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3-4 months enough for MCAT prep with no background?


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Hi there,

I'm a 1st year Mechanical Engineering student although first year is just general. But, I do also hold a Bachelor of IT, Game Dev degree which I graduated from last April with a 3.81/4.3 GPA. I also didn't take biology in high school as I didn't express much interest towards it then until now but did take physics and chemistry.

As a background, I felt that Game Dev was not for me early in my degree but as I was being pressured to finish it off and also not having the grade 12 chem prereq at the time, I forced myself to go through with it but still finished with highest distinction.

I knew engineering was for me for a while which is why I pursued it now, aiming to work as a mechanical engineer in the biomedical/biomechanical field. But, I did have moments throughout where I felt that being doctor might fit me more from my life experiences but was always under the impression that it required many prereqs for med school so didn't consider it until I just realized now that McMaster doesn't require any at all.

I know that it is stupid of me to not find this out earlier before starting my engineering degree but my engineering prereqs were expiring so it was like now or never for that and I would've found it very risky to reject it as I know that getting into med school in Ontario is real competitive and if I would've failed at that, I would have no back up.

So, my plan now if I decide to apply is to leave my engineering degree for med school after my 2nd year ends next April if I somehow get in as doing so would back me up with engineering if I fail at getting into med school.

But, given my background and me dealing with a full 6 course load this summer, I don't know if it really is possible. One of those courses is chem and another one is a physics course, and I have already taken one physics already this past semester, so hopefully these should help. Also, I have taken courses such as Psychology and Sociology in my Game Dev major which may also help.

In terms of my study routine, I was planning on around 10 hours a week over the course of 3-4 months before my 2nd year of engineering begins.

Another thing is that I don't have much in terms of extracurriculars/volunteer work as I didn't consider med school until now so I was planning on getting some of those in the 2nd half of the summer but given the COVID-19 situation, that may or may not be possible. But, I read somewhere that Mac doesn't strongly consider ECs as much and mainly just care about other aspects like the GPA although I may be wrong which is why I'm asking for help here.

Below were my questions:

1) Is it possible for me to be ready for the MCAT in this 3-4 months time given my situation or am I just being foolish to even be considering it?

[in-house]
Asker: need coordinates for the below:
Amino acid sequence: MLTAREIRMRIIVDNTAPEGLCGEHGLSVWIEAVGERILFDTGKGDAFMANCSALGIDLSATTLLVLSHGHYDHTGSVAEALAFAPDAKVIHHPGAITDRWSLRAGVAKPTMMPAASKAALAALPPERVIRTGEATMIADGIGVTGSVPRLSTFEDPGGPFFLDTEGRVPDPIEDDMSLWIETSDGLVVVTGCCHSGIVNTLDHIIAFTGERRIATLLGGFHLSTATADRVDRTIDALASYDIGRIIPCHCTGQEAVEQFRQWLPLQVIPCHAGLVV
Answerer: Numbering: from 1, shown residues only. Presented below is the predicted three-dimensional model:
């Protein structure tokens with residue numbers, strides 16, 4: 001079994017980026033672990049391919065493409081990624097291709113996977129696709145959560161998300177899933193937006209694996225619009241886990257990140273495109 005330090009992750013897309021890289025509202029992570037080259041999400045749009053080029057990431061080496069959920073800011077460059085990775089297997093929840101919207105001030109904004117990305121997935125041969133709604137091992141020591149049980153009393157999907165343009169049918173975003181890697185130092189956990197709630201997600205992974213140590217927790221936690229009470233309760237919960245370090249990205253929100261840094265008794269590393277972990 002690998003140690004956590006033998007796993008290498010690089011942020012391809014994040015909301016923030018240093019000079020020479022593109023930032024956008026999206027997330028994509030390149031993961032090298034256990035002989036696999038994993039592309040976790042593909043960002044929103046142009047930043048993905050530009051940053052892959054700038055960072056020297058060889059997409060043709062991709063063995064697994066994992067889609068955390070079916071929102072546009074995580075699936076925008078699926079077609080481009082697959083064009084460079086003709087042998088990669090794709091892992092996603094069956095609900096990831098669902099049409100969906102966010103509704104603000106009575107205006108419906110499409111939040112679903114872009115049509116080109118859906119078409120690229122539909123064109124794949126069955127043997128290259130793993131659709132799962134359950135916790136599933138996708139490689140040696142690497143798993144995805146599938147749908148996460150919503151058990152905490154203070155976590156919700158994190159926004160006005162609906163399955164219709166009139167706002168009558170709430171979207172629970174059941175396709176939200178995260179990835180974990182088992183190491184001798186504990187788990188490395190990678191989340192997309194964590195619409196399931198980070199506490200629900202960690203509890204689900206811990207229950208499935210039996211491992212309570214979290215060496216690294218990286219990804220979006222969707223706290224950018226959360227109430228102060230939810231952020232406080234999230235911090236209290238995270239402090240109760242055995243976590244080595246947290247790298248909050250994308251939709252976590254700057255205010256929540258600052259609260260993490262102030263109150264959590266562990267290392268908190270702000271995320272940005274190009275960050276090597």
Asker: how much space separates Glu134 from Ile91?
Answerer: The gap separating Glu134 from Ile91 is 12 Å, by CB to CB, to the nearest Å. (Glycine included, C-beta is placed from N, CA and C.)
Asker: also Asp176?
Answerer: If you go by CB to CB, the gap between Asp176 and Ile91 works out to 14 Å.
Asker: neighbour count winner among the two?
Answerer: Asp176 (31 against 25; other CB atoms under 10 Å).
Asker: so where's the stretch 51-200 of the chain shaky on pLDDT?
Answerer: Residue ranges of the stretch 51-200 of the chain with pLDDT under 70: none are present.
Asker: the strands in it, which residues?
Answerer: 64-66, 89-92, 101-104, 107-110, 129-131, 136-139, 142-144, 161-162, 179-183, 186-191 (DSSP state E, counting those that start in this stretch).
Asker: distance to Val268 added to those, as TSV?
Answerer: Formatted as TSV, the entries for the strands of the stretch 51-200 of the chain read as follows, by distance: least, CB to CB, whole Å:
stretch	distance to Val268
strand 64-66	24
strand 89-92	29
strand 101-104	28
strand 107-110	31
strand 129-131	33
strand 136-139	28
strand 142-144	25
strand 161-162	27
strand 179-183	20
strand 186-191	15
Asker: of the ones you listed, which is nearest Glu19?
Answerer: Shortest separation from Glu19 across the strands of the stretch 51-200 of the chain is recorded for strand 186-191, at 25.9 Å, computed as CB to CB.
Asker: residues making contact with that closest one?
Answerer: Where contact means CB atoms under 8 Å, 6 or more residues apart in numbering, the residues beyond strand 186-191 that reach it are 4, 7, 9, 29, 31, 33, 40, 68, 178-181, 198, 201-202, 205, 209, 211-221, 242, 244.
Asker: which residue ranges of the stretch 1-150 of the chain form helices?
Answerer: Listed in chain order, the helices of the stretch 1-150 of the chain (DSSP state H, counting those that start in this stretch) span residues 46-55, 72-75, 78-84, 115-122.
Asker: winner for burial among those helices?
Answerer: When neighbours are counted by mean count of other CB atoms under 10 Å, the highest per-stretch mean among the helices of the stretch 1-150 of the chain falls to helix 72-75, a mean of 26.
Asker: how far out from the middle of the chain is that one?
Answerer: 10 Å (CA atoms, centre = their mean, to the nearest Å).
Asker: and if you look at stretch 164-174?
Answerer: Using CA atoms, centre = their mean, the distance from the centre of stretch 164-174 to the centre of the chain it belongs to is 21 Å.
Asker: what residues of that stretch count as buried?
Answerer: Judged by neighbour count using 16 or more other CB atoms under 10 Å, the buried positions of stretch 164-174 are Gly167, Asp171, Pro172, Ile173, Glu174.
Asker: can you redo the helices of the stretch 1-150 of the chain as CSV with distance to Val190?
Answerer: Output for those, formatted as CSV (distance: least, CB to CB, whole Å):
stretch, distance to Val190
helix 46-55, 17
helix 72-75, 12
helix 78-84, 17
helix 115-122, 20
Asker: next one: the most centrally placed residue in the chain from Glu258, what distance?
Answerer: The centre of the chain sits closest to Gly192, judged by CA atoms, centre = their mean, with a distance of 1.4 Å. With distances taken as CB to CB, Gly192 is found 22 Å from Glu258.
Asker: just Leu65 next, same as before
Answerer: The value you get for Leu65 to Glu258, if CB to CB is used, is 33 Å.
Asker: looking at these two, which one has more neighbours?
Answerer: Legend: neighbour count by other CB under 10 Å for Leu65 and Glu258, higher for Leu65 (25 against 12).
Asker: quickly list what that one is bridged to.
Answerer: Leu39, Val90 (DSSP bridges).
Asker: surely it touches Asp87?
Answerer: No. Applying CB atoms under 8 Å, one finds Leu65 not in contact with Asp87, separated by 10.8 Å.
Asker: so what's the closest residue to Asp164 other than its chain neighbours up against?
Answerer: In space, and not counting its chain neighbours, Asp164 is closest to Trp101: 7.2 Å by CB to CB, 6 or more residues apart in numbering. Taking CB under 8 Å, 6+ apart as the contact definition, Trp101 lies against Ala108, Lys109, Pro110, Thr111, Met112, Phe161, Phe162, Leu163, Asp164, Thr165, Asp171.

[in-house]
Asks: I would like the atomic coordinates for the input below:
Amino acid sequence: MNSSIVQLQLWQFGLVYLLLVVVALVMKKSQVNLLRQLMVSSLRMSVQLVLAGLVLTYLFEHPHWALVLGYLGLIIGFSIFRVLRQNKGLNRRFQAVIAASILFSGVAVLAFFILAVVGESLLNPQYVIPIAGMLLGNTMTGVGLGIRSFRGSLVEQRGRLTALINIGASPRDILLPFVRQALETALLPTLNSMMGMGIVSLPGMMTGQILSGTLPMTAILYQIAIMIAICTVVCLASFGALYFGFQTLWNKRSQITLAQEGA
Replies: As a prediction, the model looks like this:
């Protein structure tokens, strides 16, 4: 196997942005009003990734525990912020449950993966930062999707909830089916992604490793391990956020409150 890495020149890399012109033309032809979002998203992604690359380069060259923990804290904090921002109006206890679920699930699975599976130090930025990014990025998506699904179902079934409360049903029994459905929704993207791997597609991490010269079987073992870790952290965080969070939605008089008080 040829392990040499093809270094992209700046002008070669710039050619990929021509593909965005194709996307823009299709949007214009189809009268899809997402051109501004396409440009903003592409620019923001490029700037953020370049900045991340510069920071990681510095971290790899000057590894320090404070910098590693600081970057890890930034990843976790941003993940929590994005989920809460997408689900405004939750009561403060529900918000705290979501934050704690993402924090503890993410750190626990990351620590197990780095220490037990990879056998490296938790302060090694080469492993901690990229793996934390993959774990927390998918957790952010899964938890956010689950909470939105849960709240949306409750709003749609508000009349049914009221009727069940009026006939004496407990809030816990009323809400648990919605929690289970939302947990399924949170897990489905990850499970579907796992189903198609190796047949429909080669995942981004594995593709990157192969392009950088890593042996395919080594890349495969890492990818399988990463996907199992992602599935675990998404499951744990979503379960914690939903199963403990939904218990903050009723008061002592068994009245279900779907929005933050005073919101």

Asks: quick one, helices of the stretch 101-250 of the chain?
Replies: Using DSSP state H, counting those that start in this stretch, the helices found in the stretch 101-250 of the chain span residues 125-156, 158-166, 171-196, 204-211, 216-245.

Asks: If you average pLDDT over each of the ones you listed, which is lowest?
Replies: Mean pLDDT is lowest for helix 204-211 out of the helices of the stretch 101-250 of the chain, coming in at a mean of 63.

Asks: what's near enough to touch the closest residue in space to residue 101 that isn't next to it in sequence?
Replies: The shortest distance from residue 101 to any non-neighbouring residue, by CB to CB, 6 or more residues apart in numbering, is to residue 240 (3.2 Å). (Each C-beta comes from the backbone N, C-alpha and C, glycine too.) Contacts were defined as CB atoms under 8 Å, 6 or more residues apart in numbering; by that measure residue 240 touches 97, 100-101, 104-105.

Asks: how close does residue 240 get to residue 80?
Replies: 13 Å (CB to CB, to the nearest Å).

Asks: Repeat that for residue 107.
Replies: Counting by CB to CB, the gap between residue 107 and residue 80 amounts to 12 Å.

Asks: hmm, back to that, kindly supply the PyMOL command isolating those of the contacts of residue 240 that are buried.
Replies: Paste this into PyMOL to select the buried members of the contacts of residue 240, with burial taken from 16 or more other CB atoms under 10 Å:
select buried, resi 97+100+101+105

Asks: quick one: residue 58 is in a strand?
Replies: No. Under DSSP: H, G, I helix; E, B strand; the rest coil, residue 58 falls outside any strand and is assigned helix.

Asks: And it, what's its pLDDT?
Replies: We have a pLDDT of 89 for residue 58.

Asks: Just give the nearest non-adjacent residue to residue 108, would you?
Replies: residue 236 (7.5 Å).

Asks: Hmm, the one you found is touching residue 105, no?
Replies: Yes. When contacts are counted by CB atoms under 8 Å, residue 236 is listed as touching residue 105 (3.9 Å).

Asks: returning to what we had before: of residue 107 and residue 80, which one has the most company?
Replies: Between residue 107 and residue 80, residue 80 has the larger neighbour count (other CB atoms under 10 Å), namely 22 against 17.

2) I read somewhere that Mac only considers the Verbal Reasoning component and Critical Analysis and Reasoning Section for MCAT so given my limited time, would it be a good idea to just study those as I would only be applying to Mac?

3) Is it possible to just use Khan Academy and try to fill in any parts I don't understand through like YouTube or something?

I really prefer to not spend money on anything to prepare for it unless absolutely necessary as my chances of getting in seem real slim to me anyways.

Any help would be appreciated and sorry if I sound really dumb to even consider applying with my situation. I'm unsure as I've seen similar posts online with mixed responses.

Sorry for the long read, I was just trying to explain my situation as best as I could.

Thanks a lot in advance!

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I think your timeline for writing the MCAT is a little unreasonable, given your lack of background in the key subjects. Taking courses over summer is going to make it nearly impossible to dedicate enough time to prepping, since 10h per week is not nearly enough in my opinion. If you're just starting out in mech engg and have a few more summers at your disposal, I would suggest writing the MCAT next summer so you can dedicate enough time to get a high score. There is no point in writing it without having put in 110% effort into prepping, since a sub-standard score won't do you any good. You likely need time to develop more ECs for your applications anyways. This is a marathon not a sprint. Good luck!

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However, writing the MCAT just for the CARS section has been done in the past in order to apply to Mac. So you could try that. But maybe ask Mac first if they will judge you negatively for a low score in the MCAT sections, except for a high CARS. The MCAT is expensive though and applying with OMSAS too. Also, keep in mind that next year, people who didn't get an offer to Mac but were supposed to do the interview will receive an invite for the interviews next year for sure.

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Thank you both for your input.

I was able to confirm with Mac that doing poorly on other sections would have no negative impact as they only factor in the CARS score for the admission process so this may be my only option unless I have some remaining time to study for the other sections.